What California’s Deadly Wildfires Look Like On The Ground
What California’s Deadly Wildfires Look Like On The Ground Local news reporters, residents, photojournalists, and scientists have been sharing images from the ground on what was left in the fires’ wake. There will be a lot of damage assessment, healing, and rebuilding to do after these tragedies. Here’s what the situation looks like on the ground.
The day before the uncommonly deadly Camp Fire ignited near Chico, California, meteorologists were warning of unprecedented dryness from heat, winds, low humidity, and lack of precipitation. California was a tinderbox.
Since then, the monster fire has ripped through 140,000 acres, laid the town of Paradise (population 26,000) to waste, and destroyed more than 10,000 structures. This makes it the most destructive wildfire California has ever seen. Yet the human toll has been even more stunning: At least 56 people have died in the flames (with over 200 still unaccounted for), making it the single deadliest wildfire in state history.
The dry, windy conditions throughout California mean Southern California has also been at extreme risk for fires. On November 8, the Woolsey Fire sparked in Ventura County and then swept into Los Angeles County, torching a total of 98,300 acres and killing at least three.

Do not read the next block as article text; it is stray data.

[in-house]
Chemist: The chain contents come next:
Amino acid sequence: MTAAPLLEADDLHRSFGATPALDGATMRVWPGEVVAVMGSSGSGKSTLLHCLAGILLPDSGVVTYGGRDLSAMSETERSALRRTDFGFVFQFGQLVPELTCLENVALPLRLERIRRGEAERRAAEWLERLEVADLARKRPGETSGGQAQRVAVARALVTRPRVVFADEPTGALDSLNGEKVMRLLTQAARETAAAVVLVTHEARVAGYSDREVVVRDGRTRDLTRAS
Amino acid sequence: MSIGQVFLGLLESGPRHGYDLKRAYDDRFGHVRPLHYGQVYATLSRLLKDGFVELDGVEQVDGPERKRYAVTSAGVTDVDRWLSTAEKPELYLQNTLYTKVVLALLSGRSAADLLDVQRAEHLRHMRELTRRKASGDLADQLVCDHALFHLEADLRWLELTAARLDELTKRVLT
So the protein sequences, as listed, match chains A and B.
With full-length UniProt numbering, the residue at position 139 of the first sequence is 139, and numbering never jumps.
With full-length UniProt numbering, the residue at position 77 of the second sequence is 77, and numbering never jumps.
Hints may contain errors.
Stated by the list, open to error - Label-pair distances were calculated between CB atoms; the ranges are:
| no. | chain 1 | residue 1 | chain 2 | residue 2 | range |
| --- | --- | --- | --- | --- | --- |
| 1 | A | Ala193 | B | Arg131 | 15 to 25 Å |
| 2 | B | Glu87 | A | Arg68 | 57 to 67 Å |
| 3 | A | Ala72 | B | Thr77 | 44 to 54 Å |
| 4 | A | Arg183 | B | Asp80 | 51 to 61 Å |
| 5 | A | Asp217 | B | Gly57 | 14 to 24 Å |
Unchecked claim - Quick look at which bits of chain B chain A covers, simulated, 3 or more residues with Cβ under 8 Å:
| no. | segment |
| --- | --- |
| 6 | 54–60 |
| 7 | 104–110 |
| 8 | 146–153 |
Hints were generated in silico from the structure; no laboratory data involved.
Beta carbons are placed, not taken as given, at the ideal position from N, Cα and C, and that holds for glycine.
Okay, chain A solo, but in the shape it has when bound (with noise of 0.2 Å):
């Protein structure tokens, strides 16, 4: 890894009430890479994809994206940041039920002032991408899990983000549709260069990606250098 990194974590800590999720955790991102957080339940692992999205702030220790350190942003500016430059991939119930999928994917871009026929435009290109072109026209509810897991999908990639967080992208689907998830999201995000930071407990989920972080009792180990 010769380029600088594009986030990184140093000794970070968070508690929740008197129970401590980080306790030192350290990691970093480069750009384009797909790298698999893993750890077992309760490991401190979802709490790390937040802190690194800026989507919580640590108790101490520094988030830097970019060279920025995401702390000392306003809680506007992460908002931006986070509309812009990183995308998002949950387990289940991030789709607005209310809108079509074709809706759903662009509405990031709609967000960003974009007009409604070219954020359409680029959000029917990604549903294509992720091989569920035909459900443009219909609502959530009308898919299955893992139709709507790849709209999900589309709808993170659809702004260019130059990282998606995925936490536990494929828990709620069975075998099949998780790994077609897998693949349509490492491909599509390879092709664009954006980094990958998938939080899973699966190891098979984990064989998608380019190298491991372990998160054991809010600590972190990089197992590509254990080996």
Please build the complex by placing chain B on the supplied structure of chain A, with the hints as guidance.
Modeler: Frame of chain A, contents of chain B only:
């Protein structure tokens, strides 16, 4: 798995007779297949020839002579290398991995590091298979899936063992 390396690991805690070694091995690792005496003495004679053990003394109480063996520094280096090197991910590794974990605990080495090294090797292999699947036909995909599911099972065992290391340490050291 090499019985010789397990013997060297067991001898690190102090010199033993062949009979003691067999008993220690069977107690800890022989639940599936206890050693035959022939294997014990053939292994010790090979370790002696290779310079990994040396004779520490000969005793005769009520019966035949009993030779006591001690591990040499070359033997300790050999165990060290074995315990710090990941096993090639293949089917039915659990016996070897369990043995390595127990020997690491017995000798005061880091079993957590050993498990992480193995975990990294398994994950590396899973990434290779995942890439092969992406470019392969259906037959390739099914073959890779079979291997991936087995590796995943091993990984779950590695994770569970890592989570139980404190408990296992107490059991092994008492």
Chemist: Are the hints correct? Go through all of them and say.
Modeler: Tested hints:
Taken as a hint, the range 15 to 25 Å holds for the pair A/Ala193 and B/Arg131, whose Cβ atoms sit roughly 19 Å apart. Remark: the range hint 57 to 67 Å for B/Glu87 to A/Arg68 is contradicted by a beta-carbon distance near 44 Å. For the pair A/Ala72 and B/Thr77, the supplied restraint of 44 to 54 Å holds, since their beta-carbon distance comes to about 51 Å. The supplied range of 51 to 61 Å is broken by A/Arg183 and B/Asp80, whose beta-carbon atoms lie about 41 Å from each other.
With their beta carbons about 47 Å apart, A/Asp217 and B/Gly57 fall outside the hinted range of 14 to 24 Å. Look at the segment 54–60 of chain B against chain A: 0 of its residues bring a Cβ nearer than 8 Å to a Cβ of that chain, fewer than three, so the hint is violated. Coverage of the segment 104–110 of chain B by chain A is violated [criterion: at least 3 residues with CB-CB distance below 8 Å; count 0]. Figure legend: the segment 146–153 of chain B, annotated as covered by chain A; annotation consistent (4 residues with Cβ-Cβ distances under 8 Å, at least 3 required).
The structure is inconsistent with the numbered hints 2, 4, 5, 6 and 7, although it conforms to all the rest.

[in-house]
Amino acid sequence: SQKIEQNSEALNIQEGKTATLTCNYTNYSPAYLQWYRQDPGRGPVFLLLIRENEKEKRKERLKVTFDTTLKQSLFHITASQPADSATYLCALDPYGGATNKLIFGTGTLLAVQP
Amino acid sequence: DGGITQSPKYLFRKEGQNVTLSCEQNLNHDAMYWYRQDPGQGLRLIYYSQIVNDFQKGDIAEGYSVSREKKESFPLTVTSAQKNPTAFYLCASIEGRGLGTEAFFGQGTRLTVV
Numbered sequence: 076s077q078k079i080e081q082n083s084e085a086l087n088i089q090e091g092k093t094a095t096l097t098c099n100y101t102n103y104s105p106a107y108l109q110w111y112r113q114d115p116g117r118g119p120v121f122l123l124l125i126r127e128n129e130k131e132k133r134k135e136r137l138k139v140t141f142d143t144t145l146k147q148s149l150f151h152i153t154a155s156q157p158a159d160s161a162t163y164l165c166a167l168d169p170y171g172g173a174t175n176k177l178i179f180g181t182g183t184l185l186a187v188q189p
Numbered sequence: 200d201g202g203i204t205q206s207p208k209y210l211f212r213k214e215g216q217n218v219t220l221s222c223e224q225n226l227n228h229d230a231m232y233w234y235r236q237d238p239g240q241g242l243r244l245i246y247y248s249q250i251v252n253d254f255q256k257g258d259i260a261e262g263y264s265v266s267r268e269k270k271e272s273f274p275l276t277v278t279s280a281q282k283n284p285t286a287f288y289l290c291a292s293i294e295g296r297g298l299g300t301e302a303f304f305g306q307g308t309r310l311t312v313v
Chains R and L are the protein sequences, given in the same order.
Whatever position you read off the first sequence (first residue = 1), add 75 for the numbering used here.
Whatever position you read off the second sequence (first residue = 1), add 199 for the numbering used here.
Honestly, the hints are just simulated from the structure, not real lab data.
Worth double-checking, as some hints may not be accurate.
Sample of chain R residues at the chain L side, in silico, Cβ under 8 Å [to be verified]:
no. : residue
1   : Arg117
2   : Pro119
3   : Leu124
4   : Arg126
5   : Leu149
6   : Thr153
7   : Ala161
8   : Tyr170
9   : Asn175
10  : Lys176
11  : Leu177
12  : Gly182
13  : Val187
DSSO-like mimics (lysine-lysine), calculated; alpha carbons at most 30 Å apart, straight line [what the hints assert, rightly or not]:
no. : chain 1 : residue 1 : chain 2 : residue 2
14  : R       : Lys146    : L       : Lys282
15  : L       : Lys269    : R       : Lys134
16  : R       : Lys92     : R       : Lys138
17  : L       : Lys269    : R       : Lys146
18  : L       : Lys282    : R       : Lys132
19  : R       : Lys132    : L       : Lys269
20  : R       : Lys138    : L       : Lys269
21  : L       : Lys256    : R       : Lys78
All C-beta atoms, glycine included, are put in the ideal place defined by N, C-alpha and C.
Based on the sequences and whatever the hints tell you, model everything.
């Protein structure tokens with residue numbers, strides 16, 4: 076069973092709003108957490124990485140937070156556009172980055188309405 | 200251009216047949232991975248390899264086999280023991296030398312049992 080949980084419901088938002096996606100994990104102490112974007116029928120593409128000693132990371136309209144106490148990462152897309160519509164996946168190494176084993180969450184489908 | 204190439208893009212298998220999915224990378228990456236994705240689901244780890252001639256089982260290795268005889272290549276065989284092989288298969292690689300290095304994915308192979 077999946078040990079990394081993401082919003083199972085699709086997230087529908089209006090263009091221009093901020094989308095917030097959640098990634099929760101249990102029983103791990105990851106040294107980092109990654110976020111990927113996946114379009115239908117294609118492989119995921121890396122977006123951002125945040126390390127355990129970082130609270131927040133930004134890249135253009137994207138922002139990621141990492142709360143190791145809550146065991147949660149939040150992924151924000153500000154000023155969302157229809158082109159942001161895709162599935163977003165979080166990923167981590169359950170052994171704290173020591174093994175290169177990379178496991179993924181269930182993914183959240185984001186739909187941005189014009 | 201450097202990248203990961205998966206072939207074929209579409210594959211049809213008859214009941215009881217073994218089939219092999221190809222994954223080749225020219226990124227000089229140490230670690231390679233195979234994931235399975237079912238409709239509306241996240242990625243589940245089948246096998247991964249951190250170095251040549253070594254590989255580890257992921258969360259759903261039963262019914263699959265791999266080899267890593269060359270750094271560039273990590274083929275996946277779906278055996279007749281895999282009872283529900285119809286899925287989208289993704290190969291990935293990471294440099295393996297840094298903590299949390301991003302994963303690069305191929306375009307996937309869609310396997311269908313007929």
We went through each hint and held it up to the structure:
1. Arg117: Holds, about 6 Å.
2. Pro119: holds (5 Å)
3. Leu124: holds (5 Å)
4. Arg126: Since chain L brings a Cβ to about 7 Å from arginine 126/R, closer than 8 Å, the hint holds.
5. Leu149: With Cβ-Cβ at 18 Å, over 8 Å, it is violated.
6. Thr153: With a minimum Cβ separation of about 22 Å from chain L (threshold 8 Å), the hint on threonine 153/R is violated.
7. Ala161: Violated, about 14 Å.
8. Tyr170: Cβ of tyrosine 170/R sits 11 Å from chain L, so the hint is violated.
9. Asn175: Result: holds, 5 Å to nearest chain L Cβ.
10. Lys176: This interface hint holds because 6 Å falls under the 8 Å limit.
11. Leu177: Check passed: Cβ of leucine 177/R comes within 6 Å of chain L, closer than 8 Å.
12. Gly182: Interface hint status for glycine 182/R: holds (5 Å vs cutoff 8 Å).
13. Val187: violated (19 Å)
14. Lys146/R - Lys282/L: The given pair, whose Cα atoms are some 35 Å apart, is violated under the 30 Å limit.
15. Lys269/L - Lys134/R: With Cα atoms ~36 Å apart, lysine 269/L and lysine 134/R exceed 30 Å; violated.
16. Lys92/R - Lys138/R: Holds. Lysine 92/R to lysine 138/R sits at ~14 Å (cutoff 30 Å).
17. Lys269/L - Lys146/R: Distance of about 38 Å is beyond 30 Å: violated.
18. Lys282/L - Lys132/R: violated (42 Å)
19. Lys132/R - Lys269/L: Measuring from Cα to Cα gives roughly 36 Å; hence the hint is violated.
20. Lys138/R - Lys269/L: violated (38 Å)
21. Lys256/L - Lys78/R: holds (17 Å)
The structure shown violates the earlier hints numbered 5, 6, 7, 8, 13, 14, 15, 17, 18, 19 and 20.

Fire experts and climate scientists say the California’s deadly wildfires have certainly been made worse by climate change. “If Northern California had received anywhere near the typical amount of autumn precipitation this year (around 4-5 in. of rain near #CampFire point of origin), explosive fire behavior & stunning tragedy in #Paradise would almost certainly not have occurred,” climate scientist Daniel Swain wrote on Twitter. And the long-term projections for future shifts in precipitation and heat are bleak: The State likely has many more dangerous California’s Deadly Wildfires in store.
“[California’s Deadly Wildfires] will be part of our future … things like this, and worse,’’ Gov. Jerry Brown said at a Sunday press conference. “That’s why it’s so important to take steps to help communities, to do prevention and adaptation.”
Local news reporters, residents, photojournalists, and scientists have been sharing images from the ground on what was left in the fires’ wake. There will be a lot of healing and rebuilding to do after these tragedies. Here’s what the situation looks like on the ground.
Was just sent this video from the Seminole Springs mobile home park in Malibu. Most got out with “just the shirt on their backs.” Now they’ve lost count after seeing more than 100 structures destroyed by the #WoolseyFire. : Eric Videgain